Types of diabetes


Prediabetes does not have exact symptoms, but most people who are diagnosed with diabetes go through a stage of prediabetes. People with prediabetes have blood sugar levels that are higher than normal but not high enough to be called diabetes. The only way to detect it is to have blood sugar tested. People with prediabetes can often prevent progression to diabetes by changing their eating habits and getting exercise.1

An estimated 84.1 million Americans aged 18 years or older have prediabetes.3

Type 1 Diabetes

Type 1 diabetes usually shows up in children and young adults, but people of any age can get it. This type of diabetes is characterized by the immune system destroying the pancreas, preventing it from making insulin. This is an immune reaction where the body attacks itself by mistake. People with type 1 diabetes need to take insulin every day to stay alive.2

About 5-10% of people with diabetes have type 1.1

Type 2 Diabetes

In type 2 diabetes, the pancreas does not make enough insulin for the body to use, or the body does not use insulin properly, so the sugar in the blood is at high levels. Type 2 diabetes takes many years to develop, and many people with type 2 diabetes may not know they have it, so it is very important to be tested for it. Diabetes is most commonly found in adults, although teenagers and children can also have it. Type 2 diabetes can be avoided or reduced by eating a healthy diet, exercising, and losing weight. People with type 2 diabetes most often take medicine for it and some need to have insulin as well.3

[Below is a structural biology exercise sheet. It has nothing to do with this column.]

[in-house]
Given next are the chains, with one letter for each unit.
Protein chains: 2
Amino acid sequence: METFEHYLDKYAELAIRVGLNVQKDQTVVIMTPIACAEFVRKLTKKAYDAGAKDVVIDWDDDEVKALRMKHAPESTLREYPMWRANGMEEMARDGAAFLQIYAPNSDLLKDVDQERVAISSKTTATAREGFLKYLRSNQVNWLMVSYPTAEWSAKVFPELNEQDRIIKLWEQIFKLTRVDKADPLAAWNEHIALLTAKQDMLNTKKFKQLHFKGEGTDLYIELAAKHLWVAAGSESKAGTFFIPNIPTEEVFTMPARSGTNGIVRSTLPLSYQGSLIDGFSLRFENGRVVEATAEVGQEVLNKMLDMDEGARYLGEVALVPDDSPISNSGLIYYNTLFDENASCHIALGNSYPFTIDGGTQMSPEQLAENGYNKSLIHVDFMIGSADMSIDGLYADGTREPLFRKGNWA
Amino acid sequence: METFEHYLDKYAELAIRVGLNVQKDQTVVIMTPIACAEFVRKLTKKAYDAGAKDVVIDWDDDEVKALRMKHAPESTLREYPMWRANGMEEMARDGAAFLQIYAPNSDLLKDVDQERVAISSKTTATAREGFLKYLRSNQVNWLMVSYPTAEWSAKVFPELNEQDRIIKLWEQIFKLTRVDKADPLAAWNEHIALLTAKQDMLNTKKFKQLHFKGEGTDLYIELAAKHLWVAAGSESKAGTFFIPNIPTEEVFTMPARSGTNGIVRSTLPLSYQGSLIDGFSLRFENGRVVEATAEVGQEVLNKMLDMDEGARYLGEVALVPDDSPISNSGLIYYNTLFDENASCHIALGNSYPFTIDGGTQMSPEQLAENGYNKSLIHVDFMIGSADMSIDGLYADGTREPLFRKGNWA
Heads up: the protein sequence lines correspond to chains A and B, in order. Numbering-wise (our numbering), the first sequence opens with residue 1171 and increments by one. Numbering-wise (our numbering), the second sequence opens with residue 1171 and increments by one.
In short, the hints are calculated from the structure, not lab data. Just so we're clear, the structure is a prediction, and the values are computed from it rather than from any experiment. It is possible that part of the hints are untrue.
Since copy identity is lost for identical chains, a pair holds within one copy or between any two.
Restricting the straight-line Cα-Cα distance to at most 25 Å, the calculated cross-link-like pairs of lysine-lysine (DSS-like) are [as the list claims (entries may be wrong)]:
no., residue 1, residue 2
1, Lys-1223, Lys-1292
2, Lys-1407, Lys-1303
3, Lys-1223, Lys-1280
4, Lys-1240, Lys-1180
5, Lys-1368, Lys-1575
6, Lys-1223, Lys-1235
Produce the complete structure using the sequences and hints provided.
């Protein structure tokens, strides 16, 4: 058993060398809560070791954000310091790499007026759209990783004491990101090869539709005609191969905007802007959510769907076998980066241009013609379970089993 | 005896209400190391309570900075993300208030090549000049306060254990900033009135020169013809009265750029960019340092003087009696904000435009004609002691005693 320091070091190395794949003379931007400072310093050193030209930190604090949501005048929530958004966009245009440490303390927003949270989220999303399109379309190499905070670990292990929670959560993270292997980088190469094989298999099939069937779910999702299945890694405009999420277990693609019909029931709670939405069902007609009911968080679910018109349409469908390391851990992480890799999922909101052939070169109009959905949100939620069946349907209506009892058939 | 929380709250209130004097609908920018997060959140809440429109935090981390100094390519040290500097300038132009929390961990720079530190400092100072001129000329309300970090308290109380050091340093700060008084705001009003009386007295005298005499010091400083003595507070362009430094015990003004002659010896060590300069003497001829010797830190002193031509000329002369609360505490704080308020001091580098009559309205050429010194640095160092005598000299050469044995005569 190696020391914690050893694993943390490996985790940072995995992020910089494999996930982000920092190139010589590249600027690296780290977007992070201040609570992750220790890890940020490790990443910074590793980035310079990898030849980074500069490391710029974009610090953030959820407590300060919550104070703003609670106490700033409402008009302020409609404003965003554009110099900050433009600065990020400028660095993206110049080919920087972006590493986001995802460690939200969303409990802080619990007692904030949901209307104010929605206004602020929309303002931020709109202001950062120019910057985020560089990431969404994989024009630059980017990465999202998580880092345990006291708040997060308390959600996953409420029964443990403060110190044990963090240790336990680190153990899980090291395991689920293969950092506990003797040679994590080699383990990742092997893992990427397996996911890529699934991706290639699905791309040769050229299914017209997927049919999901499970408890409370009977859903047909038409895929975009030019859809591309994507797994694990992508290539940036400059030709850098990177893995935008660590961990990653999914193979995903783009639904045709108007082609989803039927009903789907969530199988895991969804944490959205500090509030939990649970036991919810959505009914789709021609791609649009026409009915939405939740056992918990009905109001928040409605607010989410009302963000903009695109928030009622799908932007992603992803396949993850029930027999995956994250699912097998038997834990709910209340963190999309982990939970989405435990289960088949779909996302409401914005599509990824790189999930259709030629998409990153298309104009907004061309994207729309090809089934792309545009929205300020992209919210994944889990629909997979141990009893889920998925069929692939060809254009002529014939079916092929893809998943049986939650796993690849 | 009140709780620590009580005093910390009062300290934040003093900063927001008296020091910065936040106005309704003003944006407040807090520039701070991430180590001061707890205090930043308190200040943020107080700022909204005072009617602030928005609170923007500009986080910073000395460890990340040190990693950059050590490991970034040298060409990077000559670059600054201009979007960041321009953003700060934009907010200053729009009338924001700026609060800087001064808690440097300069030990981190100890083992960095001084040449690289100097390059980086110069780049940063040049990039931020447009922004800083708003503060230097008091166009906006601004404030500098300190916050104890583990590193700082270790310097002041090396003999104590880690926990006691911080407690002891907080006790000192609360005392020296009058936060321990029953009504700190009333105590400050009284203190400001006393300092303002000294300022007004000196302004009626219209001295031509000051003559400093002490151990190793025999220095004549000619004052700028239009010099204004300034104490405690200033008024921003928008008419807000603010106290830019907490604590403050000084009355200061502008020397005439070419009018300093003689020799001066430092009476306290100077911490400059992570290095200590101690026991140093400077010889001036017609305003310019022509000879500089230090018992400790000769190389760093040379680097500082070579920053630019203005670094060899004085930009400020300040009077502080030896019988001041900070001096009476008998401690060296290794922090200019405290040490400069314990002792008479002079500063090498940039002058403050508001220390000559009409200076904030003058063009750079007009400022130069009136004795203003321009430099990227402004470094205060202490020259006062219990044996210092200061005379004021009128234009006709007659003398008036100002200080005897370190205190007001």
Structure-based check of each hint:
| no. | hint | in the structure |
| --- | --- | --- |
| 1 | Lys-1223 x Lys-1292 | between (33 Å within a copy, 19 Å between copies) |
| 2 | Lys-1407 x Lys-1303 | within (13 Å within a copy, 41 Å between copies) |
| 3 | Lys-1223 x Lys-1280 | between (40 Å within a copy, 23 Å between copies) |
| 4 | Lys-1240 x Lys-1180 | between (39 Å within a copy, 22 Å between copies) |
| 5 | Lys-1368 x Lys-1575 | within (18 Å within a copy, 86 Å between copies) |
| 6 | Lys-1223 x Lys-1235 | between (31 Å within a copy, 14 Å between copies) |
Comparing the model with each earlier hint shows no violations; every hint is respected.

About 90-95% of people with diabetes have type 2, therefore making it the most common type of diabetes.4

Gestational Diabetes

Gestational diabetes is a type of diabetes that happens in pregnant women who have never had diabetes. Having gestational diabetes means the baby could be at higher risk for health problems and the mother and/or baby may develop type 2 diabetes later in life. Gestational diabetes usually goes away after the baby is born.5

About 2-10% of pregnant women will get gestational diabetes.5

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